Plus, even if you’re not looking for major strength gains, overdoing it day after day can actually wreak havoc on your metabolism, which means if weight loss is your goal, you may hit a wall.

Photo: Stocksy/Rob and Julia Campbell
Photo: Stocksy/Rob and Julia Campbell

Do you really want to hurt me?

That’s what I was thinking after a recent hour-long class, consisting of exercises no one in the room could do properly at the intensity suggested, when I left with a pain in my right arm. I watched as women threw their bodies into positions that stressed their lower back and used all of the wrong muscles, with the instructor yelling that breaks for catching our breath and drinking water were not an option.

“You can’t maintain good form if you’re trying to push to your maximum effort for an extended period of time. It doesn’t work,” Matheny says. “If someone’s screaming at you and you feel like you’re going to pass out, are you thinking about where your knees are aligned?”

And while all workouts come with a risk of injury (running may be the worst offender, and no one’s suggesting people stop doing it), bad form accelerates that risk in big ways.

Photo: Stocksy/Bonninstudio
Photo: Stocksy/Bonninstudio

We’re our own worst enemy

Of course, boutique fitness is getting people moving in ways they weren’t before—not to mention the fact that many group workouts include extreme intensity in smart, safe ways. Refine Method, Kira Stokes’ killer classes, and even the oft-feared Tone House, which builds recovery time in during sprints and employs skilled instructors, are great examples.

There’s no excuse for bad, injury-promoting programming, but I can’t help but think we also have ourselves to blame. “It’s not that there is over-training so much as the New York lifestyle causes us to push the needle so hard,” says Dan Giordano, the co-founder of Bespoke Treatments, a physical therapy center that caters to fitness enthusiasts. “We just need to become more aware of recovery—sleep, nutrition, soft tissue mobilization via foam rolling, stretching.”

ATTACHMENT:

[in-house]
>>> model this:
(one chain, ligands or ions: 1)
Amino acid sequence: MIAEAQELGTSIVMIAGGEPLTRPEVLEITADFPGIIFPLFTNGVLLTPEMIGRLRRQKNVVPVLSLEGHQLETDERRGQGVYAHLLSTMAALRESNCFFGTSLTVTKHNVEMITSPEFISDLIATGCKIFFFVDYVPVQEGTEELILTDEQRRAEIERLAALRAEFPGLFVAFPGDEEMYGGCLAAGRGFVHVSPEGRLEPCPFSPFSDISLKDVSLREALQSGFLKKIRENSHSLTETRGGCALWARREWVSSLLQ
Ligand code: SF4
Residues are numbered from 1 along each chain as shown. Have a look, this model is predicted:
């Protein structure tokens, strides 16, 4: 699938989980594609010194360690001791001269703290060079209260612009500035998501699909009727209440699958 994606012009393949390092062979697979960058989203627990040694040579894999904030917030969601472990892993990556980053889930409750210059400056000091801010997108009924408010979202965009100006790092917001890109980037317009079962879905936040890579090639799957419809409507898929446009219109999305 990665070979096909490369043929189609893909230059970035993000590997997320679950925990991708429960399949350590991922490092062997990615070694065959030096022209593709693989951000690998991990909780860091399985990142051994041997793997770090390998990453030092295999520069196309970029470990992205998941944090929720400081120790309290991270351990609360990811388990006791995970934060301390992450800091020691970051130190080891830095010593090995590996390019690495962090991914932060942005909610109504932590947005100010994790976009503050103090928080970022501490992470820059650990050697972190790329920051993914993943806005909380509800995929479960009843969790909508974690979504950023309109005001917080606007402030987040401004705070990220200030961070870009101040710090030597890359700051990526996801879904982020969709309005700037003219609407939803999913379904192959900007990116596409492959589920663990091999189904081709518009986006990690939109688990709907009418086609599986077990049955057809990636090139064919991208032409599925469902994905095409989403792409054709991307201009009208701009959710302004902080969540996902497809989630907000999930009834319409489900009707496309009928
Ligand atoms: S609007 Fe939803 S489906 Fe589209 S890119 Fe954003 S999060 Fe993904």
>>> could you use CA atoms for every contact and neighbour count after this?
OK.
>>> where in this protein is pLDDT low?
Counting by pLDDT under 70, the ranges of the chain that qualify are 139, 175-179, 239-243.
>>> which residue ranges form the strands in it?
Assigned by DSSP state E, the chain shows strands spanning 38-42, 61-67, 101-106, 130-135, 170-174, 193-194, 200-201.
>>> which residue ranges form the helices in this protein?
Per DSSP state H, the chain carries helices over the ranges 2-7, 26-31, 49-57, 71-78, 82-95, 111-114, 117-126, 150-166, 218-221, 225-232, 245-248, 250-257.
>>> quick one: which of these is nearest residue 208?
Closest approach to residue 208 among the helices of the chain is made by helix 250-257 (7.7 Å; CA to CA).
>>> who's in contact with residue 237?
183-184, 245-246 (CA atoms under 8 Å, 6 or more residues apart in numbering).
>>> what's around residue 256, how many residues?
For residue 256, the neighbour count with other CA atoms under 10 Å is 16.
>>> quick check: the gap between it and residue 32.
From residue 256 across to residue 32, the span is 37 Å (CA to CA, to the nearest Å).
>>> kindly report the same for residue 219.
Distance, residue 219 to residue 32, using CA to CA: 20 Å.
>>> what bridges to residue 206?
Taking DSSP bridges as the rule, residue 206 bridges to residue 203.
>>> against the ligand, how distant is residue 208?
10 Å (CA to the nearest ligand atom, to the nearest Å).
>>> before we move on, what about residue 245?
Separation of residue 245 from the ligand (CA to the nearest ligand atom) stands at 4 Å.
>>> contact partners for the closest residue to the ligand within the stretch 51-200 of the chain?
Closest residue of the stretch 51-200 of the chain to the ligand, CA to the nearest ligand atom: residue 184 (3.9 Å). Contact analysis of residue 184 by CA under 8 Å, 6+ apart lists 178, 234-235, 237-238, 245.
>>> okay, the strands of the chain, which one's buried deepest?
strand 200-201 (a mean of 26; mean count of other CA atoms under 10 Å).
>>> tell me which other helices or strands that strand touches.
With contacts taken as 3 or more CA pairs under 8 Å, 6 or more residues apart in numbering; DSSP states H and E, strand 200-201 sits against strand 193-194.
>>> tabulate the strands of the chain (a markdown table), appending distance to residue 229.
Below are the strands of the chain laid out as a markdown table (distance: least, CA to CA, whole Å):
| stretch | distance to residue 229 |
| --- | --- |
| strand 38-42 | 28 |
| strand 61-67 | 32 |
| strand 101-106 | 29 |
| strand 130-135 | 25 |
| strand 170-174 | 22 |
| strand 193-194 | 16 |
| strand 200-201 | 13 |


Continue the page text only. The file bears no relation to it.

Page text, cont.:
“It’s not that there is over-training so much as the New York lifestyle causes us to push the needle so hard”

Putnam also cites New Yorkers’ desire to get as much as possible out of every hour and dollar. “I can understand the desire for each workout to feel like you’re maximizing your investment, and the easiest way to do that is soreness, sweating, or failure,” she says. Just think about how we approach alcohol consumption in this city; “bad group fitness is like binge drinking,” Matheny muses. Immediate gratification, the promise of escaping the focused grind for a while…what’s the difference, really, whether you’re struggling up the subway stairs the next morning due to a hangover or hamstring annihilation?

If that’s the case, we have the power to save ourselves and enjoy all of the exciting, muscle-building offerings of boutique fitness. Stop ignoring recovery practices like foam rolling, suggests Giordano, and don’t do things that hurt, Putnam advises. During tough intervals, focus on maintaining good form, not volume, Matheny says. After all, if you’re crushing a class and an instructor tells you to push it to a place that feels dangerous, what’s more New York than telling them to f*ck off while you continue to squat like a boss?

Prepare yourself before hitting an intense class: Take this test to gauge your fitness level, and master proper form for these four common exercises. And if you really are up for the challenge (and are taking your rest days), these are the toughest workouts in New York City.